The best time to address senior living alternatives is before they are needed. Often times, families have a tendency to make unsettling discoveries when visiting aging parents over the holidays. Perhaps everyone noticed that this year, Mom had a lot more trouble remembering simple things than ever before. Maybe Dad had a bruise on his arm and insisted it was nothing. When there is no immediate crisis, it’s hard to bring up the conversation. It can become “the elephant in the room” that everyone’s thinking about, but no one wants to be first to say out loud.
Even before the holidays are over, it is common for the senior living conversation to start among adult siblings. Did you notice how much trouble Mom had keeping her balance in the kitchen? Does it really seem like a good idea for Dad to be lifting those boxes in the attic by himself? As parents enter the uncertain phase of life where a crisis begins to loom, questions start to come up that can create stress and anxiety for adult children. (See also: How do we really “gnow” our parents are OK?)
Despite the urgency of the situation, it can be difficult to bring up the subject of senior living arrangements directly with parents. There is a major reason behind that resistance. Parents often fear that their kids are going to put them in a “home.” Most think it, though many do not say it out loud. It is more common for a senior to say, “I don’t want to burden my kids.” When the kids ask about the difficulties they see, parents often shrug it off, insisting that “it’s fine” or that “we’re handling it.”
During these initial stages, when parents are most likely to resist discussing senior housing options, it is important for adult children to educate themselves about the senior living alternatives that are available—and there are plenty. Some transitional options are more palatable and likely to meet with acceptance, especially from parents who are still relatively young and independent.
Three Alternatives for Senior Living in Raleigh/Durham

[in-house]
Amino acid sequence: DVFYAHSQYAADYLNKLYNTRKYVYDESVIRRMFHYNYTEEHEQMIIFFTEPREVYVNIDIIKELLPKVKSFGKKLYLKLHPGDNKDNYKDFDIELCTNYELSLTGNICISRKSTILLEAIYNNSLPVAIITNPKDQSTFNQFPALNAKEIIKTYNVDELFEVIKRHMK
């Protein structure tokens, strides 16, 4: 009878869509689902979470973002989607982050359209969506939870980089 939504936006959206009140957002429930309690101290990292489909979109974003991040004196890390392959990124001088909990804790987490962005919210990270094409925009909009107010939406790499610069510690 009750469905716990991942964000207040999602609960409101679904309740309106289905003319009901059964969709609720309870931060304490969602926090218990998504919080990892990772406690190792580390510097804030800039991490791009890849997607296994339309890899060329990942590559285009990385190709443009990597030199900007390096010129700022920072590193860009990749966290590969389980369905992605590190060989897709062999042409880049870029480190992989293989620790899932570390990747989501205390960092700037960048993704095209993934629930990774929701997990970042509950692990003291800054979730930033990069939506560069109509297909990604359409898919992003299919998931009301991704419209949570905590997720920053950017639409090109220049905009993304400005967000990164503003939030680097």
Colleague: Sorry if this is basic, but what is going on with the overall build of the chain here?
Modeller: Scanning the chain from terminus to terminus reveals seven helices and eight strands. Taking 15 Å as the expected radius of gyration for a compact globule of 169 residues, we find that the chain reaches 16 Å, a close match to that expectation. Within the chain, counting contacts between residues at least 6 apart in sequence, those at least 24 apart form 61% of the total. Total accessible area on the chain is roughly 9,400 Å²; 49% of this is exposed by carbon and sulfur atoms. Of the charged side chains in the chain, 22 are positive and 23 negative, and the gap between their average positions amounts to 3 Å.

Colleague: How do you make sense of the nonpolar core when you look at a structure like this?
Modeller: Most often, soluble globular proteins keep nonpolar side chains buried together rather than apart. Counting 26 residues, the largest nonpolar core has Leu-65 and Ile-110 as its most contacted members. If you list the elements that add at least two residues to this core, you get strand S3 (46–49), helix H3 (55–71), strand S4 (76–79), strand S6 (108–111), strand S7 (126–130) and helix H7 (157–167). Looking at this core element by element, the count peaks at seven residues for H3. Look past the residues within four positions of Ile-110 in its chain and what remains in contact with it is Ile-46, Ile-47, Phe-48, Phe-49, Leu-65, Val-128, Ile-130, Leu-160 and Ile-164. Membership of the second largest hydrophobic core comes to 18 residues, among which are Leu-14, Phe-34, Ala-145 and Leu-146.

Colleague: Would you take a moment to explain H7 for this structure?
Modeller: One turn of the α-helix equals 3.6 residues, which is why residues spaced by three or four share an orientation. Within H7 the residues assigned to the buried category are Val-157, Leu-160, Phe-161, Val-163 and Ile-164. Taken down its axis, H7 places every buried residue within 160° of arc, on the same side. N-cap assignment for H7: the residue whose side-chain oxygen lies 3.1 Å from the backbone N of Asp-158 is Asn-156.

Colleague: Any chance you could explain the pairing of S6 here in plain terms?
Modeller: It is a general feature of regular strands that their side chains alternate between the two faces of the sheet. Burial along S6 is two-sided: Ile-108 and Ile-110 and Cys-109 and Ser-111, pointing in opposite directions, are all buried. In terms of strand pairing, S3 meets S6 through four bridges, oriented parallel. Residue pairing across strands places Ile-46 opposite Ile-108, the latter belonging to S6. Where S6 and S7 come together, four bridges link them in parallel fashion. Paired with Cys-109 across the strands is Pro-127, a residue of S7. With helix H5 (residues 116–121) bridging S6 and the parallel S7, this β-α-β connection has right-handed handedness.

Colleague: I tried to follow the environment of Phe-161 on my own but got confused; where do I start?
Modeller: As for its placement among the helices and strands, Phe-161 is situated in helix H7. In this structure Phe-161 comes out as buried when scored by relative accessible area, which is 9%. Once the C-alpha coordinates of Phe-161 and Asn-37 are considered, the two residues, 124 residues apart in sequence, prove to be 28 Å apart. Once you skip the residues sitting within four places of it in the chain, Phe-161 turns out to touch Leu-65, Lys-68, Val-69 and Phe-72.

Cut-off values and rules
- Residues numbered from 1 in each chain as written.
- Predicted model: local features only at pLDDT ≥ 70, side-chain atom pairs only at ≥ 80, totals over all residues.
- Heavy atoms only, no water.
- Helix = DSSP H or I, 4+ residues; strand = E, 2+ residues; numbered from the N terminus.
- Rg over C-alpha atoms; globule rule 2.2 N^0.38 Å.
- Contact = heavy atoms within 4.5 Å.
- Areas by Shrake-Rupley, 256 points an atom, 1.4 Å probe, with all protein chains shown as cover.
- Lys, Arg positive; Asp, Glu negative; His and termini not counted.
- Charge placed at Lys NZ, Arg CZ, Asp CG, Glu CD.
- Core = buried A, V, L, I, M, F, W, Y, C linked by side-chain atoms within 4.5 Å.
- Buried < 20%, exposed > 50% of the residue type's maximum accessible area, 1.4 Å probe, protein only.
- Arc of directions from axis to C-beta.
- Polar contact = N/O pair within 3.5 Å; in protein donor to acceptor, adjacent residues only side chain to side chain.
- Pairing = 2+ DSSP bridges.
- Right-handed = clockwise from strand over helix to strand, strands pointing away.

Aging in Place: One of the first questions that comes up: “Should I stay or should I go?” (Yes, the tongue-in-cheek reference to The Clash was intentional!) In some cases (though not all), parents can stay at home. This senior living approach often requires adapting the home, employing in-home caregivers and making fundamental adjustments to daily and weekly routines, but it is a more natural option for many than uprooting and leaving their comfort zone. Aging in place can also serve as an interim strategy for seniors who can manage on their own for the time being but will likely begin to have more significant challenges in a few years. There are a few questions that bear consideration for adult children who want to keep their parents in place:
- How close by do the children live, and are they able and available to provide support when needed?
- What kind of community support is available for the parents (e.g. what kind of relationships do they have with the neighbors, church community, etc.?)
- What specific physical challenges are they currently having around the house? (Make a list.)
- If the parents still drive, how much longer will they likely be able to do so?
- What nearby services and businesses will the parents be able to access after they can no longer drive?
- What specific physical hazards around the house can be mitigated at a manageable cost, and what will it cost to remove these alterations when it is time to sell the home?
- What changes will be needed to habits or routines (such as grocery shopping and doctor appointments)?
Intentional Communities: Numerous types of transitional communities allow aging parents to settle more gradually into a different type of lifestyle without being encumbered by physical limitations or health challenges. Intentional communities, which come in all shapes and sizes, allow seniors to share access to services and pool their resources. For example, you may hear terms like Village Housing or Co-Housing.